As an outcome of maturity, we can graduate beyond feeling torn between possibilities or diluting our efforts among several half-hearted projects. We can develop a clearer picture of what we really want in life. Through months and years of lifetime, we may find ourselves letting go of certain priorities or ideas - not because there is anything wrong with them, but because we find more inspiration and energy in other areas. Thereby, we channel more of ourselves into the things that we truly care about.
We better know our unconscious mechanisms and blind spots.
In many cases, our happiness is hindered by our own lack of self-awareness in how our behavior ties into larger outcomes of our lives. A situation that would have imploded in our youth due to our immaturity can be shepherded through to a satisfying conclusion when we have developed the insight, patience, and wisdom that time and experience can bring.
One key area of our unconscious blind spots is our aforementioned needs. A big part of uncovering our blind spots is learning more about our needs that we had not previously noticed or understood deeply. For example, we all have a need to be seen, recognized, and understood by others. If we do not realize we have this need, we may live with some feelings of isolation or unhappiness and not understand why. With maturity, we can learn to recognize needs like this and take the actions needed to live a more well-adjusted life.
We have the tools to refine joy from the ambiguities of life.
Our past contains difficult memories; our present contains stress and ambiguity; the future is uncertain. It can be hard to feel good when life itself seems a dubious enterprise. But as we mature over time, we may cultivate a more spiritual mindset which allows us to transcend the limitations of time somewhat. We may see that our problems are smaller than we imagine; that there may be an underlying sense of harmony in the universe; that death is not the end. Insights such as these can work like a bridge of light, summoned to carry us across an abyss. Our refined spiritualities allow us to access joy, euphoria, contentment, despite the complications of the moment in which we find ourselves. Our spiritualities help us to function, to access ourselves and our creative energy more dependably, and to avoid getting incapacitated by the stressors of our world.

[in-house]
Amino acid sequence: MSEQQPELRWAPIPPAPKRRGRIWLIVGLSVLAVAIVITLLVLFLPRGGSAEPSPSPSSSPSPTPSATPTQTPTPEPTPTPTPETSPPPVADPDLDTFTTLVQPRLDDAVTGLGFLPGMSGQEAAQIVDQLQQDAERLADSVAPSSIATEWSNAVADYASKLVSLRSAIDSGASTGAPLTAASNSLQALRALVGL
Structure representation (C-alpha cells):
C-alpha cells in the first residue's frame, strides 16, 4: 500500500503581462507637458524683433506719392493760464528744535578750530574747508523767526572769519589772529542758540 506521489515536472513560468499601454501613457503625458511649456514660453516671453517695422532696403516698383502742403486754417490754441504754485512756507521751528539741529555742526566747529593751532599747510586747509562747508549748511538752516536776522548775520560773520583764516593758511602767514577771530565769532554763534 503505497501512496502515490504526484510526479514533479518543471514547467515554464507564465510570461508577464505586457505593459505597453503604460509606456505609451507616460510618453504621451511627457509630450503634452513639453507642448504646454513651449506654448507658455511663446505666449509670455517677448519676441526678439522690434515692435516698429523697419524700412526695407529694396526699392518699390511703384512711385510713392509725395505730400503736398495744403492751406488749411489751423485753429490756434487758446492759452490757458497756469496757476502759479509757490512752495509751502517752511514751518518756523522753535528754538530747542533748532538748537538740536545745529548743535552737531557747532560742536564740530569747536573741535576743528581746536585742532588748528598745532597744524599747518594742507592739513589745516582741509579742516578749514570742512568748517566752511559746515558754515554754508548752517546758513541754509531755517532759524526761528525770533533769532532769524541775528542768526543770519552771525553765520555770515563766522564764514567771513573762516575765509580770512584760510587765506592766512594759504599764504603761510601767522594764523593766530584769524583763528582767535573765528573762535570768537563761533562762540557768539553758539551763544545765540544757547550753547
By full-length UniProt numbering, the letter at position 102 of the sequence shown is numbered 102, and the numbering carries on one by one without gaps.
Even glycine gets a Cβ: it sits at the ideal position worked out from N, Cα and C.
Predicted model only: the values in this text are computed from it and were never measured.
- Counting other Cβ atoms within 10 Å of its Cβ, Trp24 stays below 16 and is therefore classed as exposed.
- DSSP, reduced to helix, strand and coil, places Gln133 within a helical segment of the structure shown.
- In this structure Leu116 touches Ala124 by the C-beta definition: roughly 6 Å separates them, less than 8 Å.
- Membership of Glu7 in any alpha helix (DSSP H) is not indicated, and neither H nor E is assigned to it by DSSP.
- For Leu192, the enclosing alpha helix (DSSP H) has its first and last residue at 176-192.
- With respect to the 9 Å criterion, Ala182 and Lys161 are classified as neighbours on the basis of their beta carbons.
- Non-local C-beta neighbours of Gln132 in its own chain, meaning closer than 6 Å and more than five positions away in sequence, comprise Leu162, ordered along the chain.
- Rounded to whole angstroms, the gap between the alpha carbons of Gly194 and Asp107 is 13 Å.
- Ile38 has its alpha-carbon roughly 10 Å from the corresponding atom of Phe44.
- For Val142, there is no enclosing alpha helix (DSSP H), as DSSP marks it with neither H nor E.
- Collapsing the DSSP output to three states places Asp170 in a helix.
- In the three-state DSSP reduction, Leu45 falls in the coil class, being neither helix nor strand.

The insights and tools we refine from our spiritualities can be quite personal, so I will share three personal favorites which have helped me to navigate challenging times.
The historical context of my physical lifetime is outside of my control. The many political, economic, and ecological concerns that can leave us feeling powerless and paralyzed. I remind myself that I had to be born somewhere, at some time, and every era has its crises. By absolving myself of blame and responsibility for the state of the world, I can focus on those priorities that I believe to be most important for my contributions to this world.
I am free to enjoy my emotions and memories on my own terms. Many of our past experiences are bittersweet. Earlier in life, I had experiences of freedom and beauty which also were melancholic due to the limitations of youthful life. As I have grown and built a happier life, I look back on these memories fondly, enjoying their exhilaration and possibility while extending a sense of forgiveness to the sadness they contain. By communing with these past memories and forgiving the limitations of my past, I find a sense of fulfillment; these fragmentary vignettes seem to heal into something more whole.
The challenges of this world exist in a temporary place, but there is a joy that is eternal. It can feel selfish to feel joy and happiness in a world full of problems. However, being unhappy does not make the world a better place. Manifesting joy that is not defined in response to a specific event in the physical world can be a very powerful and humane practice. It allows us to find a sense of trust in the parameters of our existence, and it can help us to become the people that we truly want to become.